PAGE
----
Bythorn

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English Heritage

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1926

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46-47

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'Bythorn', An Inventory of the Historical Monuments in Huntingdonshire (1926), pp. 46-47. URL: http://www.british-history.ac.uk/report.aspx?compid=123753 Date accessed: 18 April 2014. Add to my bookshelf


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14. BYTHORN (A.d.).

(O.S. 6 in. XVI N.W.)

Bythorn is a small parish and village 6 m. N.N.E. of Kimbolton. The church is the principal monument.

Ecclesiastical

(1). Parish Church of St. Lawrence stands in the middle of the village. The walls are of Weldon rubble and cobbles, squared Weldon stone and ashlar; the roofs are covered with slate and lead. The presence of 12th-century detail incorporated in the walling suggests a former church of that date. Late in the 13th century the church was re-built with a chancel, Nave and N. aisle. The S. arcade and South Aisle were added early in the 14th century. About 1340 the Chancel was re-built and probably widened, the North Aisle was also re-built and the West Tower and South Porch were added. The clearstorey is an addition of the 15th century. In the 16th century the North Chapel was built. The church was restored in 1870 and the chancel in 1874.


The Church, Plan

The Church, Plan

Architectural Description—The Chancel (21¼ ft. by 15¼ ft.) has a modern E. window incorporating some 14th-century work in the splays, jambs and mullions; the upper part of the E. wall has been re-built. In the N. wall is a 16th-century arcade of two bays with two-centred arches of two orders, the outer hollow-chamfered and continuous and the inner chamfered and springing from semi-circular shafts to the central pier and responds and having moulded capitals and defaced bases. In the S. wall are two two-light windows both modern except the splays, rear-arches, and parts of the sills and moulded jambs which are of 14th-century date; the upper part of the wall is modern. The much restored chancel-arch of c. 1340 is two-centred and of two chamfered orders, the outer continuous and the inner carried on semi-octagonal shafts with moulded capitals and chamfered bases; on the W. side the arch has a moulded label, repaired and with modern stops; both arch and responds have been considerably restored and the N. capital is modern; on either side of the arch is a squint, that on the N. side has chamfered jambs and a trefoiled ogee head on the W. face and a square head on the E. face; the S. squint is similar but with a two-centred trefoiled head on the W. face.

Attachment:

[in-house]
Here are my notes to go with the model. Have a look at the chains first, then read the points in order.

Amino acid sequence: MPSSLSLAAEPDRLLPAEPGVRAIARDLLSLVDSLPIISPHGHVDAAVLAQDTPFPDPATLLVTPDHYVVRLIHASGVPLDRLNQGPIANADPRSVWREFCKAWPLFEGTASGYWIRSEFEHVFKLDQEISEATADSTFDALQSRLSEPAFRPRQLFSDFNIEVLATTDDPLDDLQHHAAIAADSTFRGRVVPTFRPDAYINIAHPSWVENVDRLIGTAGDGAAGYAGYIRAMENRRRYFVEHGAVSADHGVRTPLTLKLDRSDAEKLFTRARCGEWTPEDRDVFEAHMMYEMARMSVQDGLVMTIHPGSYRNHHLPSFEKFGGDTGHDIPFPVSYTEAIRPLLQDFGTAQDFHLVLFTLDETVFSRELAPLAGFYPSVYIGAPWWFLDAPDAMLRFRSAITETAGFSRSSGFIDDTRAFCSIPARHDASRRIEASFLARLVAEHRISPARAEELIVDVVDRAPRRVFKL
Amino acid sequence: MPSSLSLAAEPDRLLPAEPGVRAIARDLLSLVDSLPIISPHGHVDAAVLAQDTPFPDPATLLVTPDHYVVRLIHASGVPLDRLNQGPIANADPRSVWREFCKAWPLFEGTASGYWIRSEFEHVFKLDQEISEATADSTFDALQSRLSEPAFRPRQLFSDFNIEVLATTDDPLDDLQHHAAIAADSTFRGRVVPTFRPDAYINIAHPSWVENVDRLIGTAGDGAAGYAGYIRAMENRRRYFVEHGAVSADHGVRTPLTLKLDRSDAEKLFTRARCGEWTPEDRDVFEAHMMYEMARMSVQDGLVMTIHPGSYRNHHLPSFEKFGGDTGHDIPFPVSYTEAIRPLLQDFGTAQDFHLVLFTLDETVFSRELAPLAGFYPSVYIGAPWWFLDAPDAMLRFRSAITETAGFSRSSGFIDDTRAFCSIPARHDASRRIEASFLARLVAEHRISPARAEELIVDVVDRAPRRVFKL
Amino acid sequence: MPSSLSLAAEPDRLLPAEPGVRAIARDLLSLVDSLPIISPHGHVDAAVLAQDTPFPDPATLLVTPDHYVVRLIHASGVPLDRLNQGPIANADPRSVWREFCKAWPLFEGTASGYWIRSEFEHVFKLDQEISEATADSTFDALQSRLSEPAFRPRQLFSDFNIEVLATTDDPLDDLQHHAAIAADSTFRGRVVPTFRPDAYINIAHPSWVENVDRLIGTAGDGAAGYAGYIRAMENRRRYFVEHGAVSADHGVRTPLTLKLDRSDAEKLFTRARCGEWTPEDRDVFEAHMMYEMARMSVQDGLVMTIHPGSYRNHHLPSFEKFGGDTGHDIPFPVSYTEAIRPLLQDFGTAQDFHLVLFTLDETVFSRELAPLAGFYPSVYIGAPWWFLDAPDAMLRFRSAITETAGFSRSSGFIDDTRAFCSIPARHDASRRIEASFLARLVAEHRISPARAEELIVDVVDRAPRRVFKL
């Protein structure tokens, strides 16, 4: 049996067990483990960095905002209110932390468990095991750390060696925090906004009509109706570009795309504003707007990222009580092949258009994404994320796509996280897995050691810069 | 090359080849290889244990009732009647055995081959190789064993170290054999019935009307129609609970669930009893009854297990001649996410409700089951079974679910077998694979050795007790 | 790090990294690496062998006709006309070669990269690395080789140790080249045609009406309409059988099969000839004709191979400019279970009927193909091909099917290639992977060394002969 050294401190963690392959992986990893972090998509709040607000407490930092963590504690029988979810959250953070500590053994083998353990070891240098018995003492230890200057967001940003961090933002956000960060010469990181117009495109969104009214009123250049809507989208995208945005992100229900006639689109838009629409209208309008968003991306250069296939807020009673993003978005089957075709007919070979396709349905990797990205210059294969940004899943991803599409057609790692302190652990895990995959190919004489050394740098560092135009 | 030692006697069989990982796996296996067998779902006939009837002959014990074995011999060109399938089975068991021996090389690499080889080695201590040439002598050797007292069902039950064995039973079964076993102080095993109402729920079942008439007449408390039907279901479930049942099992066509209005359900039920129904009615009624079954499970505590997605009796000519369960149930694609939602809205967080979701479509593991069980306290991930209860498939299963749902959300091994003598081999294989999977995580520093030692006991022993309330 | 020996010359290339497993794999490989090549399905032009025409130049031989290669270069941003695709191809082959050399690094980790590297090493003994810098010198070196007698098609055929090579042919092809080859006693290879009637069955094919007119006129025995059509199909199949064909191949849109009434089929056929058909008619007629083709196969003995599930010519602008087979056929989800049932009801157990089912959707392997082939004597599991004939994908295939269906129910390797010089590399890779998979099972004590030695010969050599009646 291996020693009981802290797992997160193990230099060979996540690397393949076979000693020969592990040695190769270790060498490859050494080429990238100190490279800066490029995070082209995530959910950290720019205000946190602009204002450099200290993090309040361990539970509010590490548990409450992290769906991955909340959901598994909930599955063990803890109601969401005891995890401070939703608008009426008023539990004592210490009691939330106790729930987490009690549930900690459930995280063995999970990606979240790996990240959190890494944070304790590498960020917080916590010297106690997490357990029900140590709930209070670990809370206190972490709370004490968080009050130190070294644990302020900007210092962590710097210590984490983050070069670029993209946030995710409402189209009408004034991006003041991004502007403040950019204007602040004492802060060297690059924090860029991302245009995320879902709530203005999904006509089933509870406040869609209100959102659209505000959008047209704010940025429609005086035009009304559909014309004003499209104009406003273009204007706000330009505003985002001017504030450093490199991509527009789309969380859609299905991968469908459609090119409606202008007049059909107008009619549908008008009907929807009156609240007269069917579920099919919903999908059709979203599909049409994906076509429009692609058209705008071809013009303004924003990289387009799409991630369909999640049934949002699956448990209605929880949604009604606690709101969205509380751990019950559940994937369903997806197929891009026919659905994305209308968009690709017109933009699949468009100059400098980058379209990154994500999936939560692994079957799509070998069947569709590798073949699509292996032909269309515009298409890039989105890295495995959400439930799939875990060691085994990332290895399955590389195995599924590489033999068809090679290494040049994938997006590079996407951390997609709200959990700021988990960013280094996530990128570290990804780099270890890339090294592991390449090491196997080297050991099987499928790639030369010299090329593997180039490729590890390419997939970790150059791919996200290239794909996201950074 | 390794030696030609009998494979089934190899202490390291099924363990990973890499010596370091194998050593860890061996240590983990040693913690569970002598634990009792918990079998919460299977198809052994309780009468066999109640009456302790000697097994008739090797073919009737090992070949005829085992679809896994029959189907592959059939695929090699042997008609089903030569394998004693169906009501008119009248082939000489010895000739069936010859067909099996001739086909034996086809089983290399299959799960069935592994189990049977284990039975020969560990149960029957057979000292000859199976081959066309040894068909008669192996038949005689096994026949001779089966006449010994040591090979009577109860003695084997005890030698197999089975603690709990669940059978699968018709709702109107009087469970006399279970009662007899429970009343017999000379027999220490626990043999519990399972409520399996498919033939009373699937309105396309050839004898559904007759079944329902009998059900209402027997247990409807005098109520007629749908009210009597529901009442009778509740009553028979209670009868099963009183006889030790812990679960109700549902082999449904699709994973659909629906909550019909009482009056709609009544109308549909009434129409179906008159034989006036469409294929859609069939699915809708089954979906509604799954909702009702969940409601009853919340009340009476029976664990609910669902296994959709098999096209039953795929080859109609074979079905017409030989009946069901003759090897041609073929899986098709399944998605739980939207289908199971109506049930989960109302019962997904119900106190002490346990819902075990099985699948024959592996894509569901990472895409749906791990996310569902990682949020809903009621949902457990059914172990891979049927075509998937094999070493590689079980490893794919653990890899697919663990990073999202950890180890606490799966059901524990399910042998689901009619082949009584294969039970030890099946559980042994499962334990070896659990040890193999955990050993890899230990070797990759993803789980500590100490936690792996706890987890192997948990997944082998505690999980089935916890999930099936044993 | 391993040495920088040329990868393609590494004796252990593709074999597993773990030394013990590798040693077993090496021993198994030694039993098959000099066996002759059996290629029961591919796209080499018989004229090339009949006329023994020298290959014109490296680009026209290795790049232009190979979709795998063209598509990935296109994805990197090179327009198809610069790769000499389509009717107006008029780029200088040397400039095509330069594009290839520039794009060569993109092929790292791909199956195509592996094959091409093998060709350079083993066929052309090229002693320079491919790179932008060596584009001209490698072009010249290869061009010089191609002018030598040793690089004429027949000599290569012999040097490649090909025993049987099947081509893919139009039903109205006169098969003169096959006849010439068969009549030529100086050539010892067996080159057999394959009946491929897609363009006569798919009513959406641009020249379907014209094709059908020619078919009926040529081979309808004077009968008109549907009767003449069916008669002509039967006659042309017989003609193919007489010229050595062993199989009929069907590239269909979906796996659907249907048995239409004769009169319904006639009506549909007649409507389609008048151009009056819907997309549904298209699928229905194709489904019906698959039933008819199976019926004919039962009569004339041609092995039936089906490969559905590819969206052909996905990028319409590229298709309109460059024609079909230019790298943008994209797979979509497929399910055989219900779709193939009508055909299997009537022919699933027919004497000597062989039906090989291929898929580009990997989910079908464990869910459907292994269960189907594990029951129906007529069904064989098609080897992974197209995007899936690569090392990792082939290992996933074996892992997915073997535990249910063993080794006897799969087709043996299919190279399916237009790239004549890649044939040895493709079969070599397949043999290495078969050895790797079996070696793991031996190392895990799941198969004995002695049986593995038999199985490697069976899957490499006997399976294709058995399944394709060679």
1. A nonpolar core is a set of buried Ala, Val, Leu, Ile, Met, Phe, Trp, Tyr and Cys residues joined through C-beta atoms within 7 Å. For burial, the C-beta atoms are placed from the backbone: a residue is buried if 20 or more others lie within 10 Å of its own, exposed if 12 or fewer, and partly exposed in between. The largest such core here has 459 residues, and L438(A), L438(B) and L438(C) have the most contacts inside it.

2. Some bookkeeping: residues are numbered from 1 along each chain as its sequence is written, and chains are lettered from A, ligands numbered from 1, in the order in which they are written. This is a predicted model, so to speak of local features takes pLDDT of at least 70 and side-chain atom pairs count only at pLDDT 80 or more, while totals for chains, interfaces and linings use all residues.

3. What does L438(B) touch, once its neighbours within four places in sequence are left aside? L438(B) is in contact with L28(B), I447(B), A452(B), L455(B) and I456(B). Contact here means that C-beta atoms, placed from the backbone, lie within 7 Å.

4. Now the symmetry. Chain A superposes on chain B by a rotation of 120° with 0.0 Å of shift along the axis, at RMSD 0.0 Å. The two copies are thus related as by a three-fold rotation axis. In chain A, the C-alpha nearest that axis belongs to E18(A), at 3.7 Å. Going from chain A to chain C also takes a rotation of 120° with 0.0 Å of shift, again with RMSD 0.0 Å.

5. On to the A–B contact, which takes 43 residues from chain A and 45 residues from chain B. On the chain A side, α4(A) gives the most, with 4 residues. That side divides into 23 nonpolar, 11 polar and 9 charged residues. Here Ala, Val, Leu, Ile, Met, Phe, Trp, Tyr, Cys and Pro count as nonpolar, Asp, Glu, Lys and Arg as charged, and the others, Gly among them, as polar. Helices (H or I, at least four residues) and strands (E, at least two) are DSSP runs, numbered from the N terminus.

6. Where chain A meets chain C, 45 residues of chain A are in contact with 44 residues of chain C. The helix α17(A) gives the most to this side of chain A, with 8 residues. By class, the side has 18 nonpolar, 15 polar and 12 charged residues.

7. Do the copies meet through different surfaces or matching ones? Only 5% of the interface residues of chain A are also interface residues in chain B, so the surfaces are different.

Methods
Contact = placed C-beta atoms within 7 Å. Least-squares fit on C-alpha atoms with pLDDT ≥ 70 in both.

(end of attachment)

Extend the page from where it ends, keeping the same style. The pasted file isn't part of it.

The North Chapel (21¼ ft. by 7¾ ft.) has in the N. wall two re-set 15th-century windows, the eastern of two cinque-foiled lights with vertical tracery in a two-centred head with a moulded label, and the western of two trefoiled lights with vertical tracery in a two-centred head with a moulded label. In the W. wall is a modern archway into the S. aisle springing from old shaped corbels.

The Nave (39 ft. by 14¾ ft.) has a late 13th-century N. arcade of four bays with two-centred arches of two chamfered orders with a moulded label on the S. side. The piers are alternately circular and octagonal with a semi-octagonal E. respond and semi-circular W. respond, all with moulded capitals and bases. The early 14th-century S. arcade is of four bays with two-centred arches of two chamfered orders with a moulded label on the N. face; the piers are quatrefoil on plan with moulded capitals and bases but have been repaired and the capital to the first pier is modern; the outer order of the end arches dies on to the end walls and the inner is carried on moulded corbels with modern carving; the W. side of the westernmost arch was probably re-built when the W. tower was added. The 15th-century clear-storey has an embattled parapet and four windows on each side, each of two trefoiled lights with blind tracery in a square head with a moulded label.

The North Aisle (4¾ ft. wide) has in the N. wall three windows; the easternmost is of early 14th-century date and of two trefoiled lights with a quatrefoil in a two-centred head with a moulded label; the middle window is similar but with modern repair; the westernmost is of mid 14th-century date and of two trefoiled lights with modern tracery in a square head with a moulded label and defaced head-stops. The re-set 13th-century N. doorway has chamfered jambs, moulded imposts and a two-centred chamfered head with a moulded label and crude head-stops. A straight joint marks the junction of the W. wall with the older W. wall of the nave.